We sing the praises of professional athletes. They push themselves and their bodies to the limit, ultimately sacrificing their bodies for the sport. Sound familiar? Mothers, or anyone who gives birth, push their bodies to the limit and go through hormonal, psychological, and physical changes, all for the life of another. We don’t treat these moms as well as we do professional athletes, because we expect this of them. We expect them to give the ultimate sacrifices and to just be grateful that they could. The best example of this imbalance is when talking about an athletic injury vs. childbirth.
When an athlete suffers from an injury or needs surgery, they receive top-of-the-line care in order to get them back to playing and feeling their best as soon as possible. This includes physical therapy, education, and professional support. Mothers undergo severe physical trauma during childbirth and the education and support they receive is not nearly as extensive as it should be. Not to mention, they went through nine months of physical changes that impact their muscles and alignment. All of these things should be addressed by a physical therapist. Why is a postpartum mom any different? Even if there is a discrepancy in funds, the information should be the same. The frustrating truth is that moms are just not given all of the information for their postpartum care.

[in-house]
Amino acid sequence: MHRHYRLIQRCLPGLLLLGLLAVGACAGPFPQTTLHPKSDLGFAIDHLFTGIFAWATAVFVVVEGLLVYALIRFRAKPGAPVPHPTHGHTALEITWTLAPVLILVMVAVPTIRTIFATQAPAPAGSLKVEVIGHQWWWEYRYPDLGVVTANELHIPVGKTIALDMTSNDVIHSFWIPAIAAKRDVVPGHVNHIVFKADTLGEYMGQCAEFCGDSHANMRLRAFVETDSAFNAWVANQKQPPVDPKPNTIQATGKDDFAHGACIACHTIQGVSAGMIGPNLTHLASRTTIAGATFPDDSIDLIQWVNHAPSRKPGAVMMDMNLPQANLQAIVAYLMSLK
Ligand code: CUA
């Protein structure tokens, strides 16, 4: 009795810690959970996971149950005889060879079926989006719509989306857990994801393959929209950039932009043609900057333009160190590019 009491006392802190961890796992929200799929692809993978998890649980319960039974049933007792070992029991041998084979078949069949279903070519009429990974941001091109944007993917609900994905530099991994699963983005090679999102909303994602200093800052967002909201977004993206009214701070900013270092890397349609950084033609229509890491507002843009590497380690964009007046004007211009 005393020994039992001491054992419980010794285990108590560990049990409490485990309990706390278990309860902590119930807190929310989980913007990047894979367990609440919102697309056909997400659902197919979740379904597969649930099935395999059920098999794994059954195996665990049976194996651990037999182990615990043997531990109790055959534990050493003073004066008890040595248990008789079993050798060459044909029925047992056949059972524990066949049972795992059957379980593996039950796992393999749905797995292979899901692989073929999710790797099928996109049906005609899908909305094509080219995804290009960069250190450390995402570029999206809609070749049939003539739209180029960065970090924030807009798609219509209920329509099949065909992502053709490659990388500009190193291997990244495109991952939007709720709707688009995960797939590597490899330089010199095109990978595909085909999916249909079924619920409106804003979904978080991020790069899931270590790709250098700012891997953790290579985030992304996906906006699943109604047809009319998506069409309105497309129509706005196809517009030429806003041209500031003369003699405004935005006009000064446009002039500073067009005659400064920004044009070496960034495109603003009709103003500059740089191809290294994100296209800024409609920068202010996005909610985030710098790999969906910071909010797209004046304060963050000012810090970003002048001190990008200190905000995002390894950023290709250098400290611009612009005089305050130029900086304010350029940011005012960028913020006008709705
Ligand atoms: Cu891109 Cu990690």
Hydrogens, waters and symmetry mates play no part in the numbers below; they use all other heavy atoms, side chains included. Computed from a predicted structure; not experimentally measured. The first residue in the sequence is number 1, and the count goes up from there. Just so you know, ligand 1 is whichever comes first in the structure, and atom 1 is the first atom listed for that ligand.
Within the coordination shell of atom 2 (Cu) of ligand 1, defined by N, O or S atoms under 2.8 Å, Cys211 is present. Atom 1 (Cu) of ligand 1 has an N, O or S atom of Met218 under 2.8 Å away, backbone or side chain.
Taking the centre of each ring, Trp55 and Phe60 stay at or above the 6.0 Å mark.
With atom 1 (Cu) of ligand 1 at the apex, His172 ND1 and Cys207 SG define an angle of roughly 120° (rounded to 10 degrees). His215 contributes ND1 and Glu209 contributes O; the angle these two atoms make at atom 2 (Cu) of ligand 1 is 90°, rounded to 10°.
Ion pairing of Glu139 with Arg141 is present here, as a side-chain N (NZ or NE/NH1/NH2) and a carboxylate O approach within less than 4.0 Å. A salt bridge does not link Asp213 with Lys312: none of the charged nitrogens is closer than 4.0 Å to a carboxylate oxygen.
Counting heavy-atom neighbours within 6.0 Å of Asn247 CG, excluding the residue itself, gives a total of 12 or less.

Postpartum is forever, and you do have options. Women and mothers tend to put up with a lot of common postpartum symptoms that are easily treatable. We place pressure on new moms to “bounce back” but don’t give them any of the right tools. All of the focus is on the mom’s physique to fit this unattainable cultural ideal rather than on their health and wellbeing. This is important to note because when you think about it that way, it seems ridiculous. Mothers should be empowered to receive adequate postpartum care and to not suffer in silence. And if you are one of those moms, know that your postpartum health and happiness is so much more important than your postpartum ‘bikini body.’
What ends up happening, is that mothers feel this pressure to “get their body back” and they try to exercise the wrong ways or too quickly, and this ends up harming them and slowing their recovery. The worst thing for that “mummy tummy” is to do abdominal exercises and that is the first thing most women think to do. This is only something that you would learn if you were working with a pelvic floor PT. Anyone who has been injured or undergone surgery would be prescribed to see a PT, moms should be no different! An athlete would never be told “just deal with” any post-operation complications, or “have a glass of wine” to ease pain during an activity. So why are moms given this advice from their healthcare providers? A professional athlete would also never be recommended to do any activities too early or ones that would exacerbate their condition. Unfortunately, the same is not always for new moms. It’s unfortunate that there is so much misinformation, but doing your own research is a must!
That is why we are here! Research Pelvic Floor physical therapists in your area and find the one that is the best fit for you and your needs. They will be a valuable member of your postpartum recovery team and you will want to consult with an expert if you are experiencing painful intercourse, incontinence, or any heaviness in your pelvic area. These symptoms will only worsen with time and with getting back into certain activities. You’re more important than a professional athlete, you are a mom! So, research, find your team, and know that you are worth it.